Joe Biden’s proposed $2 trillion infrastructure bill would help create bull conditions in commodity markets, particularly in steel and cobalt, lithium, and copper — materials of the energy transition, according to Fastmarkets.
“Joe Biden’s $2 trillion infrastructure plan could be more positive for metals markets than Obama’s far smaller 2009 package for reasons beyond its whopping size,” says Thorsten Schier, Metals & Mining expert at Fastmarkets.
“It does not require so-called shovel-ready projects, and thus creates the potential for strong demand going forward several years.”
According to the analytics firm, Biden’s bill creates strong bullish factors not only in steel and scrap prices ($1 trillion equals a net demand for around 50 million tonnes of steel) but in the materials of the energy transition.
“Finally, the promised establishment of an office in the Commerce Dept to monitor and support domestic production of critical goods and materials would only be a boon to those with facilities in the US,” says Schier.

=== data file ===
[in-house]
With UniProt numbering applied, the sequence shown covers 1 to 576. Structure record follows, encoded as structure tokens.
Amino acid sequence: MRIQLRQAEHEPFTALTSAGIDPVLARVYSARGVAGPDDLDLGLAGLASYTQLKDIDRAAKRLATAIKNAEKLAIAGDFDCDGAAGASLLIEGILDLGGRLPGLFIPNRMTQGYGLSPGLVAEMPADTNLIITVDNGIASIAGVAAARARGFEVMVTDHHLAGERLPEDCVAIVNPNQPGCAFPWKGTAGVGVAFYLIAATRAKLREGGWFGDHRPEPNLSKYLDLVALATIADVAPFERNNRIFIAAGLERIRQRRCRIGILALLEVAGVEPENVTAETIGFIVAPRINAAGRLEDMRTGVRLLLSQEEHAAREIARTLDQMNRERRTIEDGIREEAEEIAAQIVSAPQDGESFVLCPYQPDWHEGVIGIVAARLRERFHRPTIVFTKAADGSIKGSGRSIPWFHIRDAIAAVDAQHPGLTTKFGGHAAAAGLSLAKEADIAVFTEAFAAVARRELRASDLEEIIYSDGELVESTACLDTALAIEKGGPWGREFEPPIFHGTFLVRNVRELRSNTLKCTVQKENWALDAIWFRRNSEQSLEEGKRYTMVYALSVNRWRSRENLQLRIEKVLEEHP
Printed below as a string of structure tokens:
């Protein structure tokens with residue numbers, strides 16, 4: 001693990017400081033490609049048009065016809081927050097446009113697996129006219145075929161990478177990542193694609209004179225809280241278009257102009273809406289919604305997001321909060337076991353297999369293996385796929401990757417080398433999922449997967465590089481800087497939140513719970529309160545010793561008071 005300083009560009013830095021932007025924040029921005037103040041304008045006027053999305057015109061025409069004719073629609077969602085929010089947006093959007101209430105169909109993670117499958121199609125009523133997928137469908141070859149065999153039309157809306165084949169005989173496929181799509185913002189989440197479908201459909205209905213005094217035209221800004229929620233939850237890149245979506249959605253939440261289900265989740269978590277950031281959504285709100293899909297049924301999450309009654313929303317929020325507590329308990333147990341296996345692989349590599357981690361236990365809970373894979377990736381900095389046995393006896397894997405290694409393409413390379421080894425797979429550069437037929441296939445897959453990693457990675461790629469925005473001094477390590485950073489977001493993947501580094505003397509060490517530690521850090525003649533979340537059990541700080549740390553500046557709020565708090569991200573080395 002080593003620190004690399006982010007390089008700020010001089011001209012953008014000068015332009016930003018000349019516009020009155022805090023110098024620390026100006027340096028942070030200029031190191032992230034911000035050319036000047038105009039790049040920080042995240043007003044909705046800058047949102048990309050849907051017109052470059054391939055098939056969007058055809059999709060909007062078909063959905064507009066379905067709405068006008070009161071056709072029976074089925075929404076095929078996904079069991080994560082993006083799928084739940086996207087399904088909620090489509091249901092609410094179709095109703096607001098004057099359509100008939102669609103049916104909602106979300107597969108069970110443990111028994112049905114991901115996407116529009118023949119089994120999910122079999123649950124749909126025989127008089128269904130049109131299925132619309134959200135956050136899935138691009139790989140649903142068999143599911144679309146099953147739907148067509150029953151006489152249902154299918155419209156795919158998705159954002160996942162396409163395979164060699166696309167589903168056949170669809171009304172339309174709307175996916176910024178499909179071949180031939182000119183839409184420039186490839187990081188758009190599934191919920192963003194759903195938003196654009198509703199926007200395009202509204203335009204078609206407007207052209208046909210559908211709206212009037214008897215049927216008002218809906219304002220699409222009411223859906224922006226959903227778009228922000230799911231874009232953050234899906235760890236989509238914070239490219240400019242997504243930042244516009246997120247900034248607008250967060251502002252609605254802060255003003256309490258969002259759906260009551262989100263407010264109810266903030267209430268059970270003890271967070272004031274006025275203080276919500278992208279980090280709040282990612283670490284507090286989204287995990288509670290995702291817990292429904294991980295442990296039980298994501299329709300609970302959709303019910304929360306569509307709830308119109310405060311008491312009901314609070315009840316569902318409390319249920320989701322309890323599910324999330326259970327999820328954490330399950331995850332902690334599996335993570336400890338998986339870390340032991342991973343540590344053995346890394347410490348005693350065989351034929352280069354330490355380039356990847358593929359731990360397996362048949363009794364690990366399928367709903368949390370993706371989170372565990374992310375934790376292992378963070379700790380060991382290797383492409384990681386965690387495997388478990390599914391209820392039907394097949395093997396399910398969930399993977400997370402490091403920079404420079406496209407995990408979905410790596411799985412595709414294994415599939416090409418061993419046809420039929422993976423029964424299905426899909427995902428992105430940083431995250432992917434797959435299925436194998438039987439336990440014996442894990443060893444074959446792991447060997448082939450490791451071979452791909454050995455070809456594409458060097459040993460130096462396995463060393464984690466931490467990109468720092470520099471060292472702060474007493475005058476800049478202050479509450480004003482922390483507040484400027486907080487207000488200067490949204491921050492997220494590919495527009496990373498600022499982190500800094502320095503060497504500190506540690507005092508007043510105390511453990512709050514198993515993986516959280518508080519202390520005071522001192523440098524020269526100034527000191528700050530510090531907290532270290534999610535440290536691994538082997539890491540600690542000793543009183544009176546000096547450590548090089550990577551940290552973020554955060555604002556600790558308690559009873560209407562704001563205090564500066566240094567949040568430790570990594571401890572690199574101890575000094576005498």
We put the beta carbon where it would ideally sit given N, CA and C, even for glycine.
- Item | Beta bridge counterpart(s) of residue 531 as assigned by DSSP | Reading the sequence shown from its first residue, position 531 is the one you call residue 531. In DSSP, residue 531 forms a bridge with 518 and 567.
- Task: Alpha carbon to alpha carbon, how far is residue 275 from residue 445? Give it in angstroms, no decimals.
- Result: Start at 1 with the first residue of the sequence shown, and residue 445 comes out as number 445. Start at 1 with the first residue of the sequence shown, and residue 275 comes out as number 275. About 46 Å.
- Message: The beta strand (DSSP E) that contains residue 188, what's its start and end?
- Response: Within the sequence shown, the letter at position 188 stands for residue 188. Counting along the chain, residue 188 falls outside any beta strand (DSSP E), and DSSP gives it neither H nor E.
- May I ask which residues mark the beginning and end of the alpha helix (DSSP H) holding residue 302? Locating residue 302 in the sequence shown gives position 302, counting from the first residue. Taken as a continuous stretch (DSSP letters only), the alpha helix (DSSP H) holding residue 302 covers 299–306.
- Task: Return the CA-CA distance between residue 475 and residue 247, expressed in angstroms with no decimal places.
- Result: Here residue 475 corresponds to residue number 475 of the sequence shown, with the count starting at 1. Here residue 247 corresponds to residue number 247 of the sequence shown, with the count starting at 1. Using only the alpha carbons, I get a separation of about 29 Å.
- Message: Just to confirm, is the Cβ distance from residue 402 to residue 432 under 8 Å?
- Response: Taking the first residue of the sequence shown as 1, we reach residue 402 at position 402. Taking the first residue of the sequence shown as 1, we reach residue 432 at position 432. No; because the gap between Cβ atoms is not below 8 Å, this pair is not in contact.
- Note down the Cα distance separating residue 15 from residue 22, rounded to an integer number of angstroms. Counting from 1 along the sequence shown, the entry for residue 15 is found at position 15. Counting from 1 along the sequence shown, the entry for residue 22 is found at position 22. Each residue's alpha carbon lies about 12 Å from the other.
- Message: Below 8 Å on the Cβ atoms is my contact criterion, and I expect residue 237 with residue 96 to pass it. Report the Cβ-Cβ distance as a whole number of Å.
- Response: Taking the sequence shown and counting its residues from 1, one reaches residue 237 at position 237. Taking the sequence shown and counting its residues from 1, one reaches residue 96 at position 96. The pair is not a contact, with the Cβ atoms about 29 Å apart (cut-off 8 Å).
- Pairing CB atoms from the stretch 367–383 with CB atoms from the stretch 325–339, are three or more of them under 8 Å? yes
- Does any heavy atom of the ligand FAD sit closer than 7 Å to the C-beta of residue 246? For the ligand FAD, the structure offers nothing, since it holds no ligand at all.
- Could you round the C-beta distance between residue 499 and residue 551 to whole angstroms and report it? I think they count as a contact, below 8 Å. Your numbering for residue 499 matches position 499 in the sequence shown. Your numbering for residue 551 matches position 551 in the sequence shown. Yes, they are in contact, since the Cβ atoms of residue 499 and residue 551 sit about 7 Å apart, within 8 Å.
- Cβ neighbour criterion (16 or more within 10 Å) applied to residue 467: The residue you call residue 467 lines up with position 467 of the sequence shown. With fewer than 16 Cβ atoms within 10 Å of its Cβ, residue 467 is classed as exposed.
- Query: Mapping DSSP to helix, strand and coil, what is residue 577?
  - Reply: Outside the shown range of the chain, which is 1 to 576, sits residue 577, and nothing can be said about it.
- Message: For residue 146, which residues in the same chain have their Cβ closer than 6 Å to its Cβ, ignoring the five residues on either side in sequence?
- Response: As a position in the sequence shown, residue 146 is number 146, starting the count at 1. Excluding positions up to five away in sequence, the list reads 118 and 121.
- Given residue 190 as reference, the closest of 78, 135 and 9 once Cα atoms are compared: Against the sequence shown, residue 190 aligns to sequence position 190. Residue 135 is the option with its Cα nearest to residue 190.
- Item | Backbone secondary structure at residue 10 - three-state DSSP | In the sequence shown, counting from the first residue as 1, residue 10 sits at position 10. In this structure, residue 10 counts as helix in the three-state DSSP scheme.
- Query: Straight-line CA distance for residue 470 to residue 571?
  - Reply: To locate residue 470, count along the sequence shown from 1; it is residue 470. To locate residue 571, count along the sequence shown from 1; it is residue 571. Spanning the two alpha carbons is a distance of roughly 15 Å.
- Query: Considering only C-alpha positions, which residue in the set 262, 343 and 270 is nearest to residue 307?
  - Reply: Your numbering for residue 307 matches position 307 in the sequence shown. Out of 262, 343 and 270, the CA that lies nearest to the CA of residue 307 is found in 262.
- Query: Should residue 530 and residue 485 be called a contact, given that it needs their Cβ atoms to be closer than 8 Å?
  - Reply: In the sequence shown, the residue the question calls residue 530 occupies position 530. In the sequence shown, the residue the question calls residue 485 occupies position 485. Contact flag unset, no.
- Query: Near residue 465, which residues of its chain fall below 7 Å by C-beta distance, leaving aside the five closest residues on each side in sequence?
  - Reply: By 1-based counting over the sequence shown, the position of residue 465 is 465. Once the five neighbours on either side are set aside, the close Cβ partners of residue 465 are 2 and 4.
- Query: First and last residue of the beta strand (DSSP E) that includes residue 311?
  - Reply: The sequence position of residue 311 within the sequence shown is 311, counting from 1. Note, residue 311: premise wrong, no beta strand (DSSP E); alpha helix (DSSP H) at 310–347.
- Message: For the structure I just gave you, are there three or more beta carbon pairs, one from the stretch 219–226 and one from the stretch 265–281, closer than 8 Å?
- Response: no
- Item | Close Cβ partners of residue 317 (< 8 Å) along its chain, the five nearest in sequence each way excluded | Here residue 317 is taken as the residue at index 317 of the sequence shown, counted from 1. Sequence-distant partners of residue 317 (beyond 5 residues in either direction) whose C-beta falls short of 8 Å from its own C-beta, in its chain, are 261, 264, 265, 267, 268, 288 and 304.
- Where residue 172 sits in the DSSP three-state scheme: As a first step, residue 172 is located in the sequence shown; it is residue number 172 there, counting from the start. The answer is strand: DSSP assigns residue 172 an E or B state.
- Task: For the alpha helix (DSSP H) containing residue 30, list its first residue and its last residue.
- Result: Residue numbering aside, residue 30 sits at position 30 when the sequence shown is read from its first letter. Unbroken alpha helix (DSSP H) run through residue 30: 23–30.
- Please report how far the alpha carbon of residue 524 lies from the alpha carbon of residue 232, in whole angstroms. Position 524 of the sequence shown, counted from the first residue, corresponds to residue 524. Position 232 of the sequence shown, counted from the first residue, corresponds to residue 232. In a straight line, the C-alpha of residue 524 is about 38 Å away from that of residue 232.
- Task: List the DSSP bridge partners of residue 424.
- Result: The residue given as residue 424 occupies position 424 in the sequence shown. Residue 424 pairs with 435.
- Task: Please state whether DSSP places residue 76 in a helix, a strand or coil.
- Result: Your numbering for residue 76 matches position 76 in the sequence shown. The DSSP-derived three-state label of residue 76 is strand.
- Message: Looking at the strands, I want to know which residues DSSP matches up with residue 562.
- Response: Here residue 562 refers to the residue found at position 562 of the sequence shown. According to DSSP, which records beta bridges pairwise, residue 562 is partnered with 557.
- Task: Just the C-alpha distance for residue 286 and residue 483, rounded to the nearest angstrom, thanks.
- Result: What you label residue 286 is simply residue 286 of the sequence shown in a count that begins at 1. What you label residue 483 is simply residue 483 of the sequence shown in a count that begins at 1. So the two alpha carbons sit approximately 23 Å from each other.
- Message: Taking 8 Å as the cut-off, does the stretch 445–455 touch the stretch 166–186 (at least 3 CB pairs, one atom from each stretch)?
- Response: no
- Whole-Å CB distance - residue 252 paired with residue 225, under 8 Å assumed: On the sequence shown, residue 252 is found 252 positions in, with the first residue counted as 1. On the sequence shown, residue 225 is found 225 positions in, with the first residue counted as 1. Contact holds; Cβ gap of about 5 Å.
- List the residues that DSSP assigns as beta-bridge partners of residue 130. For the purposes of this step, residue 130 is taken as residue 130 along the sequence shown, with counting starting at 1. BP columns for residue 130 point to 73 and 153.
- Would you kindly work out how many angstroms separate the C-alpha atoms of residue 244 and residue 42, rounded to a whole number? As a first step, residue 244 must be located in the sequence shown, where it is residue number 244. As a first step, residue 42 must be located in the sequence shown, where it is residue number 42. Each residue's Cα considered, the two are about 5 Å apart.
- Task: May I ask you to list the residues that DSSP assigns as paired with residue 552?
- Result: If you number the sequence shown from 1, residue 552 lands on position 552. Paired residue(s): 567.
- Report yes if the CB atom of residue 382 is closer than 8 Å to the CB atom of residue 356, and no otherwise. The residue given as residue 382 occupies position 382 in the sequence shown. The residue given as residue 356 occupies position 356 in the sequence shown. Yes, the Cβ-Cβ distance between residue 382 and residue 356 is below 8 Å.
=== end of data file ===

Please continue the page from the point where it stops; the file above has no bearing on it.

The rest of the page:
But the bill faces pressure from a small group of Democrats led by West Virginia senator Joe Manchin trying to support coal jobs.
“A comparable threat comes from the unions that have supported Biden (as he has voiced his lifelong support for them) and may turn against the crucial green agenda, fearful of a smaller number of lower-paying, non-union jobs in a green energy economy,” said Schier.
It will also take not only money but policy and political guile to bring EV and battery manufacturing to the US rather than the booming markets of Asia, the Fastmarkets analyst says.
China sold roughly one million more EVs than the US last year.
Fastmarkets forecasts that real growth in the EV industry in the US could strain a supply chain currently focused on Europe and Asia “in a way that would send prices to stratospheric levels, and tests both the elasticity of demand and the viability of the supply chain.”
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John Frank Borsi
The New Gold Investment Group
I would like to confirm that notwithstanding the new battery designs, LITHIUM continues to be used in all of these battery designs.